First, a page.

If you decide to change the color of your hair and dye it, but you also visit a swimming pool regularly, you might be worried about the way chlorine water could affect your freshly dyed locks.
This is why people often ask questions like: can you go swimming after dying your hair? Or “will my hair dye run in a swimming pool?”.
This is why we decided to investigate a bit and performed research on this subject. As a result, you have this article now!
Read it to learn how water in swimming pools affects dyed hair, how soon after the hair dye session it is allowed to start visiting swimming pools again, and how to protect your recently colored mane from chlorine in the water.
Like that, you will be able to preserve the color of your hair and make your visits to a hair salon for redyeing less frequent.
How Long After Dying Hair Can You Swim In a Swimming Pool?
If you want to know how much time you should wait after you have your hair dyed to be able to start swimming after hair dye application, there is no general answer.
See, the answer will depend on the type of hair dye that was used during your hair coloring session. This is why, if you need a more or less precise answer, we recommend you read the following information below.
How Long Shall You Wait Before Swimming If You Used Permanent Hair Dye?
To be short, permanent hair dye cannot be exposed to swimming pool water for at least a week. It refers to any kind of dyeing procedure be it highlights, balayage or your whole head colored. This means you need to wait a full seven days before you can start swimming in the pool with dyed hair.
Why would you need to wait for a whole week?
See, any permanent hair dye has chemicals, such as hair developer. Those chemicals give your hair a permanent color that is able to last pretty long. However, the chemicals in your dye cannot be exposed to other chemicals like chlorine.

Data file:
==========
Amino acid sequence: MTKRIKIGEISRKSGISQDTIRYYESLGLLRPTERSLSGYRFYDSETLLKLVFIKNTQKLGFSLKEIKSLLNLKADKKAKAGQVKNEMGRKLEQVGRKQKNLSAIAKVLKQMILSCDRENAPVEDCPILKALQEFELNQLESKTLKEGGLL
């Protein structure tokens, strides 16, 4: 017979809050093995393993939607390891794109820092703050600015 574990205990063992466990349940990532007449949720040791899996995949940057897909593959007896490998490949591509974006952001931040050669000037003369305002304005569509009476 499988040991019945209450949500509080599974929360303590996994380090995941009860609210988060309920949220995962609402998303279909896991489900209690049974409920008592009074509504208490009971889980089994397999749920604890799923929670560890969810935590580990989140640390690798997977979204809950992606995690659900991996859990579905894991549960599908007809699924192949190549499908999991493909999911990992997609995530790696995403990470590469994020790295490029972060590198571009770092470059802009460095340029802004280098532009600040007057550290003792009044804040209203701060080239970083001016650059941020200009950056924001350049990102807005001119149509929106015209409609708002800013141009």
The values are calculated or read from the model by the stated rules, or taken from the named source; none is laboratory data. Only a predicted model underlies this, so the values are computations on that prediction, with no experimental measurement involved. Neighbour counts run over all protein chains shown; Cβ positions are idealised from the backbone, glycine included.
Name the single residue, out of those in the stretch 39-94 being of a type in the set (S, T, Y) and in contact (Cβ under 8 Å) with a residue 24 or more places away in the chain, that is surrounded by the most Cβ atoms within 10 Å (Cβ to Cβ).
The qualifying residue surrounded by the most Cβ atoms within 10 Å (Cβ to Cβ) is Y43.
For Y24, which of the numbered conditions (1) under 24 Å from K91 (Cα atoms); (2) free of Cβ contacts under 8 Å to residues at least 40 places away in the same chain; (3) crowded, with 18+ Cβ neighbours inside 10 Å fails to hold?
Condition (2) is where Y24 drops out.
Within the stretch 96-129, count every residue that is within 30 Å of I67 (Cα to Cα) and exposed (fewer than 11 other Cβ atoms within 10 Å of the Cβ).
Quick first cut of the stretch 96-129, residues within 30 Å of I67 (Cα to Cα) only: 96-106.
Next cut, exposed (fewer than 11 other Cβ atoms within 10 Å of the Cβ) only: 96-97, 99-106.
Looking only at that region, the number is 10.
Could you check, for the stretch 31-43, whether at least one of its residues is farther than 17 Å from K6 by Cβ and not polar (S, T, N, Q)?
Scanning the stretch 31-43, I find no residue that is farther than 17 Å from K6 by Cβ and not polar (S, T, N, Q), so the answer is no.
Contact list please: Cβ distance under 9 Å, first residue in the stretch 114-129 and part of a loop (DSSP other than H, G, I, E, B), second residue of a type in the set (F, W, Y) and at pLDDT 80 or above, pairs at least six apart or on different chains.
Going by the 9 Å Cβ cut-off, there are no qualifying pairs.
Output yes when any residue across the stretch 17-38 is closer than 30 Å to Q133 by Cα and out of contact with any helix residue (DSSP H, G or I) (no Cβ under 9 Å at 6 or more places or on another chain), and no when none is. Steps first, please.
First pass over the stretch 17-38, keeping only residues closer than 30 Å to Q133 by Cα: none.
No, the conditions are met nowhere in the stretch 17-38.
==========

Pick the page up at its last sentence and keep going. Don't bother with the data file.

If it happens, this could cause an unwanted reaction between the chemicals in the water and in your dye and eventually ruin your color.
This is why, if you are going to dye your hair with permanent hair color, it is best to double-check with your stylist for any recommendations about pool and chemical exposure as well.
How Long Shall You Wait Before Swimming If You Used Semi-Permanent Hair Dye?
If you have used semi-permanent hair dye to color your mane, we have piece of good news for you! The waiting time is not going to be long before you can start visiting your swimming pool again.
Usually, it is recommended you wait 72 hours, or 3 full days before exposing your freshly dyed hair to pool water and chlorine.
Since semi-permanent hair dye does not use the same amount of chemicals as permanent hair dyes, the waiting period is significantly shorter. However, remember to check with your stylist anyway before you start going to the pool!
Like this, now you know the approximate amount of time needed for your freshly dyed hair to rest from active swimming in pool water.
Of course, to some of you, it may seem to be quite a long waiting period to stay away from swimming pool for a week, for example!
However, it’s worth doing this. Like that, you will let the recently applied pigment set properly, and thus, your new hair color will last longer.
How Hair Dye Reacts to Swimming In Chlorine Water?
How can swimming after dying hair affect your hair color? This is one of the most frequently asked questions that come from people who have dyed their hair recently and now want to renew their visits to the swimming pool.